Later, a small group of youths unsuccessfully tried to set fire to a Supreme Court office building. The violence was condemned by the opposition leadership, who nonetheless blame Maduro's obstinacy for fueling the unrest.

They called for another protest Monday. But with Caracas shutting down for the Easter holiday — which Maduro extended by decree for three extra days — they appeared to be saving their strength for a major demonstration called for April 19.

At least 17 people were treated for injuries, according to Ramon Muchacho, a Caracas-area mayor where the demonstration took place. Around most of Caracas, checkpoints were set up to search cars and frisk bus passengers even miles away from the clashes. As night fell, many streets still reeked of tear gas and a small group of youth burned trash and tore down street signs at busy intersections in eastern Caracas.

As the most dominant figure in the opposition over the past decade, Capriles has been at the forefront of the protests, the most combative since a wave of anti-government unrest in 2014 in which dozens of people were killed, many at the hands of security forces.

The almost-daily churn of events in what the opposition calls an "ongoing coup" by the government has energized and united the normally fractious opposition. While opposition leaders have insisted on peaceful protest, frustration built up over 17 years of polarizing socialist rule in Venezuela is running high on both sides.

As Saturday's march began, protesters snatched a camera from crew members working for pro-government state broadcaster VTV, chasing them away from the crowd with kicks and insults. Police, meanwhile, made social media posts of mugshots of protesters taken undercover and asked for information on the unidentified "generators of violence."

Leaders in the ruling socialist party have accused the opposition of trying to provoke a bloodbath and its own coup. The protesters on Saturday included 26-year-old Victoria Paez, who sported a baseball cap bearing the slogan "There's a Way!" from Capriles' 2012 presidential run against the late Hugo Chavez.

"Every day, the government gives us more reasons to leave our homes and protest," said Paez, who earns less than $20 a month as a chemical engineer. She said she's thinking about joining a sister and scores of college friends who have left the South American country seeking a better future.

While she said she was hopeful the world is beginning to see there are injustices in Venezuela, her father, Carlos Paez, was more pessimistic. "Unfortunately, if there has to be bloodshed for the government to change, it won't be the first time in history," he said.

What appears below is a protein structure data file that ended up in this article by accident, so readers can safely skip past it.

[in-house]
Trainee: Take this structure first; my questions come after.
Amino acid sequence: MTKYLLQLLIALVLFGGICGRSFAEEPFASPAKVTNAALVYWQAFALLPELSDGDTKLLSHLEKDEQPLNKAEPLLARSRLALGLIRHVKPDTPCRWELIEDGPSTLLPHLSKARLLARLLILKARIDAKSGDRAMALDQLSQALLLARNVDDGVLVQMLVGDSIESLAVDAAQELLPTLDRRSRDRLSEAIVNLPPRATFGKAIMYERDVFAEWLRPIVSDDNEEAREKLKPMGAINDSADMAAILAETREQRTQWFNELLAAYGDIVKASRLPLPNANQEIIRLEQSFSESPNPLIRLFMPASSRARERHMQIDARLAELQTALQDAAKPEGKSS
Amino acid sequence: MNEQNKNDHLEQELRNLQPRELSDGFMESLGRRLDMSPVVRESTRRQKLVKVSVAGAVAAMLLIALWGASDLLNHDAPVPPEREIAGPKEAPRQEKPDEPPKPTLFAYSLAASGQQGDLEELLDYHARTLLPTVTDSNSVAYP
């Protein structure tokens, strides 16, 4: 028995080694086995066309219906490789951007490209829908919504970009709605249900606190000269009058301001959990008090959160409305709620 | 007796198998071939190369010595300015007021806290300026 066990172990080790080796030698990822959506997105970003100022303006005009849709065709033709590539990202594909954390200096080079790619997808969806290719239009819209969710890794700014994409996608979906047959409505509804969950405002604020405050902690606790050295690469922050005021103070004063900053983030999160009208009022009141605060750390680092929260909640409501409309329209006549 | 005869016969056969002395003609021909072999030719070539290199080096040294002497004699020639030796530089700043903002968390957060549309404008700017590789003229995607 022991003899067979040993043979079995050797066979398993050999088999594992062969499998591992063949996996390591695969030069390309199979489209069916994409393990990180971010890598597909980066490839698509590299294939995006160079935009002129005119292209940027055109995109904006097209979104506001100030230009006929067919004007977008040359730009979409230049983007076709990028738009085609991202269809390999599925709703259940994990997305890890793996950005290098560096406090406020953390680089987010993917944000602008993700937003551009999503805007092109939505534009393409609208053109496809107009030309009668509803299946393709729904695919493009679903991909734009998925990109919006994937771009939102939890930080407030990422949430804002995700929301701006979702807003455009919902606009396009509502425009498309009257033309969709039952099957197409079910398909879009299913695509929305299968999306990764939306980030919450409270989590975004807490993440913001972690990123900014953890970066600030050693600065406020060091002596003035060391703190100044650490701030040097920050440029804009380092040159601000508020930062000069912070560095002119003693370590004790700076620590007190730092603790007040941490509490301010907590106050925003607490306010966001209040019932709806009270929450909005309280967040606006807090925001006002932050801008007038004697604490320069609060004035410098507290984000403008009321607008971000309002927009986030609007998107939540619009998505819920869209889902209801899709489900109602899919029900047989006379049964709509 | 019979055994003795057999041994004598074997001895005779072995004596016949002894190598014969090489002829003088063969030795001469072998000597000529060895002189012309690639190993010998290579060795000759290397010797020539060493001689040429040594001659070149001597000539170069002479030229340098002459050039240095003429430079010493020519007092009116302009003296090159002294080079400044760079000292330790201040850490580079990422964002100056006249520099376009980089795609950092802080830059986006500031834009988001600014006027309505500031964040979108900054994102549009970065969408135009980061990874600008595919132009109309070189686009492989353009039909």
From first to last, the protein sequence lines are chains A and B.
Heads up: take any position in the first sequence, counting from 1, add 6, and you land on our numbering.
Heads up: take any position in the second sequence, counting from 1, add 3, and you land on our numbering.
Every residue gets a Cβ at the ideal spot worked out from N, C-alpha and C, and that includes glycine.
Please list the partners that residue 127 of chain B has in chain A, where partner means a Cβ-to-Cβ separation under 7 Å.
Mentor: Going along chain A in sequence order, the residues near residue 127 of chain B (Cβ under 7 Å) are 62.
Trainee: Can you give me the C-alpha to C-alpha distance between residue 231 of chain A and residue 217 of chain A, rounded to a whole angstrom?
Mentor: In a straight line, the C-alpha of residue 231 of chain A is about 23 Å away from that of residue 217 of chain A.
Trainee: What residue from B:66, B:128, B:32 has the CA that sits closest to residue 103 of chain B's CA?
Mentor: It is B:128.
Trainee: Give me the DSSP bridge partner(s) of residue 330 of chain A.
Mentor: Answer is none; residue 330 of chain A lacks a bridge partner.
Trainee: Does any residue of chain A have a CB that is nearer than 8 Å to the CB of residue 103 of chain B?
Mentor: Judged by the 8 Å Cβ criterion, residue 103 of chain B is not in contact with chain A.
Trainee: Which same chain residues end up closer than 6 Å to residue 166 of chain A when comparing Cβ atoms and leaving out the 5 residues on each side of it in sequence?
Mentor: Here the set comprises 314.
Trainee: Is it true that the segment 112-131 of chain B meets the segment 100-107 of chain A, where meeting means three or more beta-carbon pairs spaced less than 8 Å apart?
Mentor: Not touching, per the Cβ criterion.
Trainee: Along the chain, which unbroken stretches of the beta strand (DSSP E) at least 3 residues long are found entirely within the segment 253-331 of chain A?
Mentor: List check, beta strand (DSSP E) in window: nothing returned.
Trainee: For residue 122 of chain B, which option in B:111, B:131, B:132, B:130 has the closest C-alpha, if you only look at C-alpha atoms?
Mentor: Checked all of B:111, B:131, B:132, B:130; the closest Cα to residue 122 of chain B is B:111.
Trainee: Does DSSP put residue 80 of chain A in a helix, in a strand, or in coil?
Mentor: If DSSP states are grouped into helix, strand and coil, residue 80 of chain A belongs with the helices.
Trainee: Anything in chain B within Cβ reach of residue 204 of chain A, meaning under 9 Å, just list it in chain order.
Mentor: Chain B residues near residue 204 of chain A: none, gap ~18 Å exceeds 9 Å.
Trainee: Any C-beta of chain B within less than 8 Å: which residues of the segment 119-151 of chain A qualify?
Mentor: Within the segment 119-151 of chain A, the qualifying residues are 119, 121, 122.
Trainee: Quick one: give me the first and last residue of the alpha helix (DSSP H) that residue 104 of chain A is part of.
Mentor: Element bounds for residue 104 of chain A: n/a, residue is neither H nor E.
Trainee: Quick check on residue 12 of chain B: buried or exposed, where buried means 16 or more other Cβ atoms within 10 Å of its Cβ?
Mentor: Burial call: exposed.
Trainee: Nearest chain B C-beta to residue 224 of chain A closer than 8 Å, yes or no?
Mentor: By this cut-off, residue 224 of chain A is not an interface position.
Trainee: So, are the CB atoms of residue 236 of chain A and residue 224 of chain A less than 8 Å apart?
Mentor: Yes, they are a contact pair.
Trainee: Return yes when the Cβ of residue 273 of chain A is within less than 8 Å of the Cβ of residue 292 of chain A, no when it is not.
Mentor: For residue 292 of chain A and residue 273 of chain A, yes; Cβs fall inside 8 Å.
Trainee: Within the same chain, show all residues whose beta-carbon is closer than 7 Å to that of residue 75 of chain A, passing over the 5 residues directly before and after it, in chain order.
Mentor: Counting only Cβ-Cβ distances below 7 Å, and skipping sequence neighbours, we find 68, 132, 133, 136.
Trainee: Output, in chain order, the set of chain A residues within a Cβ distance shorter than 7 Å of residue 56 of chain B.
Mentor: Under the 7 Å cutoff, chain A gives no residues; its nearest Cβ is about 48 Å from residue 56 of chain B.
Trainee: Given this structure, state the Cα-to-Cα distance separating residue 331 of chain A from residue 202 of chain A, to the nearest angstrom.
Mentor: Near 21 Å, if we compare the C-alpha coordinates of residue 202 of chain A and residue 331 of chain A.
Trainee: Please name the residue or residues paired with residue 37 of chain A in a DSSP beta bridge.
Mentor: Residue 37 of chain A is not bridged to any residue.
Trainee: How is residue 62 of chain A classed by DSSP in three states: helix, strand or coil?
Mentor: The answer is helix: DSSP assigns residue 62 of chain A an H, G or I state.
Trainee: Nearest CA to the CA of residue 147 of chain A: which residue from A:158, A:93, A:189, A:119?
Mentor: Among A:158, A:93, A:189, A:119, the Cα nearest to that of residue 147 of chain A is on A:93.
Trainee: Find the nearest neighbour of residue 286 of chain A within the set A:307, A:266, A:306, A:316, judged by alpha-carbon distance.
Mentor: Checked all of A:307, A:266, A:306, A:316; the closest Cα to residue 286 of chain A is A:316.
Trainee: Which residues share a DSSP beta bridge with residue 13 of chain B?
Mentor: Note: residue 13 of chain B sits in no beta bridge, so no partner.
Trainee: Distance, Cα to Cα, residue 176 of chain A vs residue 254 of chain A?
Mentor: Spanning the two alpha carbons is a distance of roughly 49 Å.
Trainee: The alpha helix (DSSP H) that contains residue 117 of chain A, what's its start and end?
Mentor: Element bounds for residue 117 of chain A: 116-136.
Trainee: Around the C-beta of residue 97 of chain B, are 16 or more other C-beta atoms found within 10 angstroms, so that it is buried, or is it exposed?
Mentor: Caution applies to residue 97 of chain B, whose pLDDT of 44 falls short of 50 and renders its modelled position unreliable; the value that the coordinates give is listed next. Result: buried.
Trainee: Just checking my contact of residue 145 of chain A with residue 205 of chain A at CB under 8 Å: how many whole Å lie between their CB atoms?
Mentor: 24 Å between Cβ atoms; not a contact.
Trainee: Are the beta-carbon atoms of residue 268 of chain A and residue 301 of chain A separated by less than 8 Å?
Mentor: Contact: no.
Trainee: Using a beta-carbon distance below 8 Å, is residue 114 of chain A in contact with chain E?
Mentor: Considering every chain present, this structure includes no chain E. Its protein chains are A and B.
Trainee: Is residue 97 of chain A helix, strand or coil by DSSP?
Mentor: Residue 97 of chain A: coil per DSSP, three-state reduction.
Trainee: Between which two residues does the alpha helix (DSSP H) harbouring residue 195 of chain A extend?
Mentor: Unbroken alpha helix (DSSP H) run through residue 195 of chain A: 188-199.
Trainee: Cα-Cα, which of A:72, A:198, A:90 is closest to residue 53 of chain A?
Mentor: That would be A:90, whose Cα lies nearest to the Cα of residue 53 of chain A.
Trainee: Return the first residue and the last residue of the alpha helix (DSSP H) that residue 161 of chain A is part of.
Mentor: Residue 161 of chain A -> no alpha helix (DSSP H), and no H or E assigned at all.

The protest movement's immediate goal apparently is to force Maduro to call elections. Authorities last year cancelled an opposition campaign to hold a recall referendum on Maduro and no date has yet been set for gubernatorial elections that were supposed to take place last year.

The government earlier jailed another major opposition figure, hardliner Leopoldo Lopez. With both seemingly out of the running, the government may be trying to manipulate the electoral playing field to leave the opposition with less viable options should the government bow to pressure and call elections before they're scheduled in 2018, analysts said.

"However, it is a risky strategy that will probably backfire," Eurasia Group said in a report Friday. "The opposition is clearly fired up and this will further their cause."

7 years later, Poland still wrestles with plane crash trauma

April 09, 2017

WARSAW, Poland (AP) — It's been seven years since Poland lost its president in a plane crash in Russia. His twin brother, who effectively runs the Polish government today, remains in mourning, only wearing black suits and black ties in public — and determined to punish those he blames for the crash.

The identical and inseparable Kaczynski twins Lech and Jaroslaw were in the Polish public eye for half a century — childhood actors, then advisers to President Lech Walesa, then rising to become president and prime minister simultaneously.

Tragedy struck when President Lech Kaczynski died in a plane crash on April 10, 2010, along with his wife and 94 others, many of them top members of Poland's political and military elite. They were flying to an airport near Smolensk, Russia, to pay tribute to some 22,000 Polish officers killed in the Katyn massacres by the Soviet secret police during World War II.